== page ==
Bears

Dowell Loggains on Jay Cutler becoming a Fox analyst: ‘I think he’s going to be wonderful’

Dowell Loggains on Jay Cutler becoming a Fox analyst: ‘I think he’s going to be wonderful’

Jay Cutler’s first broadcast as a Fox analyst will be for Aug. 27’s preseason Bears-Titans game, and Dowell Loggains is ready for what his former quarterback’s TV debut will entail. 

“I’m perfectly ready for Jay to criticize our offense,” Loggains said. “I’ll hear it before you guys do through text message.” 

Few know the Bears’ offensive scheme better than Cutler, who worked with Loggains in 2015 (when he was the Bears’ quarterback coach) and 2016 (offensive coordinator). It won’t be until Week 6 that a Bears quarterback will have more regular season game experience running Loggains’ system than Cutler.

Loggains said Cutler is "very comfortable" moving from the field to broadcast booth, and is confident Cutler will do well in his new role. 

“I think he’s gonna be wonderful,” Loggains said. “Jay’s an extremely talented person. He’s a smart person. Jay will be successful in whatever he chooses to do and I think he’s going to do a wonderful job.

Bilal Nichols eyes an even bigger impact for Bears in 2019

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USA Today

Bilal Nichols eyes an even bigger impact for Bears in 2019

Even if Bilal Nichols repeated his 2018 performance in 2019, the Bears would be lauded for unearthing a solid rotational player with a fifth-round draft pick. But Nichols isn’t resting on his rookie accomplishments, and is aiming to be an even more impactful player on the Bears’ defensive line as he enters Year 2 in the NFL. 

“More consistent, more dominant,” Nichols said. “That’s the biggest thing for me right now.”

Nichols was a top-50 run defender in the NFL last year, as rated by Pro Football Focus — he made a “stop” on 8.7 percent of his run defense plays, ranking 44th in the league (PFF defines a “stop” as a play that constitutes a failure for the offense). For reference, Akiem Hicks ranked eighth at 13.3 percent, Eddie Goldman was 17th at 11.6 percent and Jonathan Bullard came in 40th at 9.1 percent. 

Nichols’ biggest “stop” came in the Bears’ narrow Week 3 win over the Arizona Cardinals, in which he dropped running back Chase Edmonds for a three-yard loss on a third-and-two play inside Bears territory just after the two-minute warning. While Nichols debuted a week earlier against the Seattle Seahawks and recorded a pressure of Russell Wilson, that play against the Cardinals was critical in an important victory for the Bears. It also proved to Nichols that what he was doing was beginning to work.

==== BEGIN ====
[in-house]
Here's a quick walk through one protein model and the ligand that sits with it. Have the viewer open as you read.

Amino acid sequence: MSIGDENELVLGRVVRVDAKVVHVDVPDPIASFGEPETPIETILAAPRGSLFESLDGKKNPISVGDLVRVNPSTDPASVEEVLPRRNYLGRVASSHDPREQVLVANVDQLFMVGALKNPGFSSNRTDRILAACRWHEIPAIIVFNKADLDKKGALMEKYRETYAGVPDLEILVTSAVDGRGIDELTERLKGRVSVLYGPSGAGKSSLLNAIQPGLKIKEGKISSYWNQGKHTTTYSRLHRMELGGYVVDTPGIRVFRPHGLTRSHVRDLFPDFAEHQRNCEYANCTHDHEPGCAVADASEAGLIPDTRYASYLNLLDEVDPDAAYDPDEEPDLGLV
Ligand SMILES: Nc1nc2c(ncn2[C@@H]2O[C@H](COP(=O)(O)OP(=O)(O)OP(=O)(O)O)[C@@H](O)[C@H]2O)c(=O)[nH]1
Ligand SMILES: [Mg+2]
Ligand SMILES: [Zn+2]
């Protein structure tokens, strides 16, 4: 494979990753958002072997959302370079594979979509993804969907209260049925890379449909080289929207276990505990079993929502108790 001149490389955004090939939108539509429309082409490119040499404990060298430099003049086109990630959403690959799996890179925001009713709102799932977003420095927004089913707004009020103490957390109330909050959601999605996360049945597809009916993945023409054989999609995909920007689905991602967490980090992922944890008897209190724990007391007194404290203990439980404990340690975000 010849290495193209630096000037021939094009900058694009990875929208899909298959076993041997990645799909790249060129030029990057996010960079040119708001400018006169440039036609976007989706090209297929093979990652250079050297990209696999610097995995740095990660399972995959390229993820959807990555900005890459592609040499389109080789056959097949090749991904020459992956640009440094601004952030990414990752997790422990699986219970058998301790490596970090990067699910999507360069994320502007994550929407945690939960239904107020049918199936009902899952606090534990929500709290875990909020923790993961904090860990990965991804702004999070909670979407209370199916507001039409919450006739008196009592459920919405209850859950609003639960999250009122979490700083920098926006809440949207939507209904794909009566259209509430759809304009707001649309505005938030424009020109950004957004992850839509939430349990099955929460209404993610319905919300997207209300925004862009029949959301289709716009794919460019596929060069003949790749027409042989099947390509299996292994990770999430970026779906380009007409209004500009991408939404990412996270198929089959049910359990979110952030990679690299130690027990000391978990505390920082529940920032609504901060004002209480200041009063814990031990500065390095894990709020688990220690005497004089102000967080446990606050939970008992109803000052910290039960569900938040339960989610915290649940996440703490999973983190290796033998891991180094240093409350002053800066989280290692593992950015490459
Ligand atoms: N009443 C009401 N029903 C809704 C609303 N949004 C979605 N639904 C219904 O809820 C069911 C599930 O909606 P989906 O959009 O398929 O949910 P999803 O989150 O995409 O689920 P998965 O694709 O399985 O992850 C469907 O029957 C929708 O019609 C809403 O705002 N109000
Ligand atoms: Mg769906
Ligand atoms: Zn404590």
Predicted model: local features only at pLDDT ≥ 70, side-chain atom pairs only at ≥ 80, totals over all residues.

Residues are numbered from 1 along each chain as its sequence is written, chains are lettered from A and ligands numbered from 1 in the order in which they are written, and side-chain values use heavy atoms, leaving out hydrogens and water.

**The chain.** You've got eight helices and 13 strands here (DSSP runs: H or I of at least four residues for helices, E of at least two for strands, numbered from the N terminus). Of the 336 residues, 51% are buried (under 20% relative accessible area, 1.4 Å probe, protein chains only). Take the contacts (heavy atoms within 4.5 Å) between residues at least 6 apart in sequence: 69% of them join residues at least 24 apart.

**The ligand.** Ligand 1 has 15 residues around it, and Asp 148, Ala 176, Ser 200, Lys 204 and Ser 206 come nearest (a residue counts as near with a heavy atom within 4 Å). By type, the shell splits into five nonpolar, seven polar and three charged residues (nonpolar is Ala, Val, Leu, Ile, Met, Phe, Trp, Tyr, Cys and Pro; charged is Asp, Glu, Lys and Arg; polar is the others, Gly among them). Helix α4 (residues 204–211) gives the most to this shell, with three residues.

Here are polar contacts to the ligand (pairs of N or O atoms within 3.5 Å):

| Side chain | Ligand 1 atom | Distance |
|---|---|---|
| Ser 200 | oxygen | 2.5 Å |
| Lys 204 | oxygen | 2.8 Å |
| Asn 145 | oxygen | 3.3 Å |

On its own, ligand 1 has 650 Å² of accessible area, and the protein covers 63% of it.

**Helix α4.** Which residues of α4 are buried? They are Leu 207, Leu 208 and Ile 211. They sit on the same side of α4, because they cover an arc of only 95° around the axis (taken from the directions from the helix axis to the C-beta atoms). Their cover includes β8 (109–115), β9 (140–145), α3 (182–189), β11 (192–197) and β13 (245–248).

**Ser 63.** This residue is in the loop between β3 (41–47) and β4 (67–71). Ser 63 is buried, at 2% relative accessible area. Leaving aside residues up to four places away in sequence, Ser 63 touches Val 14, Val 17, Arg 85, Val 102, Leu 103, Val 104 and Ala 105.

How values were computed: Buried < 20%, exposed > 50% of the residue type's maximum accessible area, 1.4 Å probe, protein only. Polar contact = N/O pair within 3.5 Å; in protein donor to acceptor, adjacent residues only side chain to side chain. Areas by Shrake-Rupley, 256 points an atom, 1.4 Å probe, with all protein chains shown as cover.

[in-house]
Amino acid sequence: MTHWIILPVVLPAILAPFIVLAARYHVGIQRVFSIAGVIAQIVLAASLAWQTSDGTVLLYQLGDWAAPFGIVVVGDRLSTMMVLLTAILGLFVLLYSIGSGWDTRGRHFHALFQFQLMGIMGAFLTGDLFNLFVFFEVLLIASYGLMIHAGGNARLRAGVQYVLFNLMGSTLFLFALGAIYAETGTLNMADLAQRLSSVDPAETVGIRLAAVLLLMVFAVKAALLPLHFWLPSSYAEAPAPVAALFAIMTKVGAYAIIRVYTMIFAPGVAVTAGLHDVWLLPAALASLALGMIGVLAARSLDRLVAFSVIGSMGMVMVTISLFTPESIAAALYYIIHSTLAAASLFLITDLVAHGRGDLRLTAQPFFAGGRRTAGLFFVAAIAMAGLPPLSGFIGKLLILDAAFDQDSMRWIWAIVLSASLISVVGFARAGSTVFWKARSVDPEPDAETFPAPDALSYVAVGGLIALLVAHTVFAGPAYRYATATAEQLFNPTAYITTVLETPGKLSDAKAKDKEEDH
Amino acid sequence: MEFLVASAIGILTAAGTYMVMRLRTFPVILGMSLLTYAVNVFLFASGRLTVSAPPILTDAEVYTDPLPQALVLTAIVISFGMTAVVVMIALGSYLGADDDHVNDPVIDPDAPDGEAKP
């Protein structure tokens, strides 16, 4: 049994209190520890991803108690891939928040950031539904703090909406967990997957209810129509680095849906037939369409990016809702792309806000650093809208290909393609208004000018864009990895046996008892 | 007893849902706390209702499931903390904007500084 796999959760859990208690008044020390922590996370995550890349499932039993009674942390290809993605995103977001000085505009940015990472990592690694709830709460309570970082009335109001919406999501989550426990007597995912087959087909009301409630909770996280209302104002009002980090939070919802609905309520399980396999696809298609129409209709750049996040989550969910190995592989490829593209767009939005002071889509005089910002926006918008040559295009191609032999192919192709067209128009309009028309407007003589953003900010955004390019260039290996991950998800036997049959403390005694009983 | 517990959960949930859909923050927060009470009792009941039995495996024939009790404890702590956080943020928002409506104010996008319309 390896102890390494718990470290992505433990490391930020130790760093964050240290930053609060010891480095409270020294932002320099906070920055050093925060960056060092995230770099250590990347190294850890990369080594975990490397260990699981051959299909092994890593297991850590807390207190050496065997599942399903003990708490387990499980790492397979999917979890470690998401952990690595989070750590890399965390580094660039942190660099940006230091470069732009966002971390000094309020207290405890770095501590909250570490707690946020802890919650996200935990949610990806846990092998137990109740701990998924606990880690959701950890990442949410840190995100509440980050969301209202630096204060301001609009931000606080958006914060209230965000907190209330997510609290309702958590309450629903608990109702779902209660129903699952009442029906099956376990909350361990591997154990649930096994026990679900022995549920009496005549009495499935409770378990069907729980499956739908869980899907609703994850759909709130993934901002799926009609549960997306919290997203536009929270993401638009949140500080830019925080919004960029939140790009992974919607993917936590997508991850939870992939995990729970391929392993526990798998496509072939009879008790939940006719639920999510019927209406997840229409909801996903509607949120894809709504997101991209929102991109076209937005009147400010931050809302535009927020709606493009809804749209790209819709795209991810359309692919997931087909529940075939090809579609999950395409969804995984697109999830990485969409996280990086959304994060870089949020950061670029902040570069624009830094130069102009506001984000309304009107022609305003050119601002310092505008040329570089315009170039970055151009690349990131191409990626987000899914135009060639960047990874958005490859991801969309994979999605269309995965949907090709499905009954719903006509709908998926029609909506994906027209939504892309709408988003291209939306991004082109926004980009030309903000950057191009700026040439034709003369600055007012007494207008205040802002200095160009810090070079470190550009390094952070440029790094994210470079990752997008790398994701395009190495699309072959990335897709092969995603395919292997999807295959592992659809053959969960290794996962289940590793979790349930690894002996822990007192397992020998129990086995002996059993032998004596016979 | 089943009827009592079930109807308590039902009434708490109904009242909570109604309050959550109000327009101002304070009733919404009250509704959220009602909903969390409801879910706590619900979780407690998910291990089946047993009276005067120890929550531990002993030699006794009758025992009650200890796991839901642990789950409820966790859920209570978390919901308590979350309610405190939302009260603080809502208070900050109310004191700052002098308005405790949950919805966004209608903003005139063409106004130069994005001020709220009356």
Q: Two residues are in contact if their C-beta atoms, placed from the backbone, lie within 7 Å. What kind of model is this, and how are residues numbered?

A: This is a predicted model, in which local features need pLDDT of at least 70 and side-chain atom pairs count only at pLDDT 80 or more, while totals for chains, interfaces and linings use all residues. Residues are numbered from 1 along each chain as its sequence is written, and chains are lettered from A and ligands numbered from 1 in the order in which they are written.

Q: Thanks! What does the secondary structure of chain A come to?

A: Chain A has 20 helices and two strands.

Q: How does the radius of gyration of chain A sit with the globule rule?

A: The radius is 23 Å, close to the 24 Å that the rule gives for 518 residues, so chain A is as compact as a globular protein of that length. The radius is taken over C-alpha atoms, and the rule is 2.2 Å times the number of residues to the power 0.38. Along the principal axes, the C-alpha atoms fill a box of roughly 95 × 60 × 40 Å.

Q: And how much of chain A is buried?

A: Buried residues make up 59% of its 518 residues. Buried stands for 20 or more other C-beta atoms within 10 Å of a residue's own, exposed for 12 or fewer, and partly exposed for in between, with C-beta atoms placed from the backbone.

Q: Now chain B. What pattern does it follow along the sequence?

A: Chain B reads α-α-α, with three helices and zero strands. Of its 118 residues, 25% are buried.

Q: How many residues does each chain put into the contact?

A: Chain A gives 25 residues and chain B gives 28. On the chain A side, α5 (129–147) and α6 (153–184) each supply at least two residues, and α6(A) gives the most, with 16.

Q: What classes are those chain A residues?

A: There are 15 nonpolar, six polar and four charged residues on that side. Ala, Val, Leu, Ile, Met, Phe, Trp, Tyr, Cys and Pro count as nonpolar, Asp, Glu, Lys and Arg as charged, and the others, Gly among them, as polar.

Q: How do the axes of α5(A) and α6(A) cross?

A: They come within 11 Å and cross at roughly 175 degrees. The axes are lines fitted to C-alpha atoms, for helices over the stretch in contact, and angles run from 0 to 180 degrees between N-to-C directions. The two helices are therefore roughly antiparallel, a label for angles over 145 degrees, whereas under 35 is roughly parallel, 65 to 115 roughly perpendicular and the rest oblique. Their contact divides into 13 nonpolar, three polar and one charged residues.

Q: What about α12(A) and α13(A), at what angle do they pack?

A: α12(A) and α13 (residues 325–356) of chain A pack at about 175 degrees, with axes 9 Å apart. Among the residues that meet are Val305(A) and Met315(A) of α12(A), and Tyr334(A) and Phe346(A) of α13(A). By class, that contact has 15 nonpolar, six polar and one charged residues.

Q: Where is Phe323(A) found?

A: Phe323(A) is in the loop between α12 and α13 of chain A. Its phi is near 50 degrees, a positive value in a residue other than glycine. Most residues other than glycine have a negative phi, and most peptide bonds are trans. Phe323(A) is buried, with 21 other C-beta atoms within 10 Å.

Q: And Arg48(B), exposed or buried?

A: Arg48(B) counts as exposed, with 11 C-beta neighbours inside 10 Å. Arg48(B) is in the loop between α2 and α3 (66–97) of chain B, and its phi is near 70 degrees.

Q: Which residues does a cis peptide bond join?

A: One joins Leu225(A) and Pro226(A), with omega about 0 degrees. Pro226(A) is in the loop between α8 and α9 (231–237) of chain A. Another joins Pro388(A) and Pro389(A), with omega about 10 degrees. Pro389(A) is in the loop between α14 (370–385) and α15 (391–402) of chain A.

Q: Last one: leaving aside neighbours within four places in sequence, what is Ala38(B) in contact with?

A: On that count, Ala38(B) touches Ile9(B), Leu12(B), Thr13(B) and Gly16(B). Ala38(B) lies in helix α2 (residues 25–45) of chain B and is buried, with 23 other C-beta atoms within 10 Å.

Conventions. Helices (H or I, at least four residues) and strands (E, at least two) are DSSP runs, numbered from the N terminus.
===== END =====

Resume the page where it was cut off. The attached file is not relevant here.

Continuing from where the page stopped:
“That was really a situation where I had cut it loose and went,” Nichols said. “I knew what i was doing on that play, I knew the possible things I could get from the offense and that was just a situation where I cut it loose and just played football. And I happened to make a big play. 

“I can’t wait to do that this year.” 

Nichols, as he was figuring out how to form a routine and study opponents in the NFL after making the jump from FCS-level Delaware, played a shade under a third of the Bears’ snaps last year as part of a rotation that proved critical to the team’s defensive success. Hicks played the most snaps (780), followed by Goldman (552) and Roy Robertson-Harris (353). Nichols (328) pushed Bullard (298) to the bottom of the rotation, which helped keep members of Jay Rodgers’ unit fresh and at their most effective when they were on the field. 

The Bears’ defensive line is arguably their best and deepest unit, one which can collapse pockets and stymie opposing run games (the latter of which is especially important, given the Minnesota Vikings and Detroit Lions’ renewed commitments to running the ball this year). Nichols was already a big part of it in 2018, and may be an even bigger part of it in 2019. 

“Last year, I was still trying to figure things out, still trying to figure the league out, figure myself out as a player,” Nichols said. “And now that I got everything figured out, I’m just able to go. I could just play and play fast and cut it loose.”

Bears announce 2019 training camp schedule, which features July 25 report date

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USA TODAY

Bears announce 2019 training camp schedule, which features July 25 report date

The Bears' potential run to Super Bowl 54 will begin in earnest on July 25.

Thursday, the Bears unveiled their 2019 training camp schedule, which will run from July 25-Aug. 11 at Olivet Nazarene University in Bourbonnais. The team will hold nine open practices during camp, including eight in Bourbonnais from 7:30 a.m. to noon. The ninth open session is Bears Family Fest, which will take place at Soldier Field on Aug. 3 starting at 7 p.m.

Before heading off to Bourbonnais, though, the team will hold a "Return to Decatur" event from July 20-21 in Decatur. 2019 is the Bears' 100th season in the NFL and they played their first season as the Decatur Staleys in 1920. The team will announce details at a later date, though both general manager Ryan Pace and head coach Matt Nagy will hold their opening press conferences on July 21.

Admission to training camp is free, though fans must get tickets in advance at chicagobears.com/camp. Giveaways will be available to the first, 1,000 fans or while supplies last, according to the team. 

Check out the official training camp schedule:

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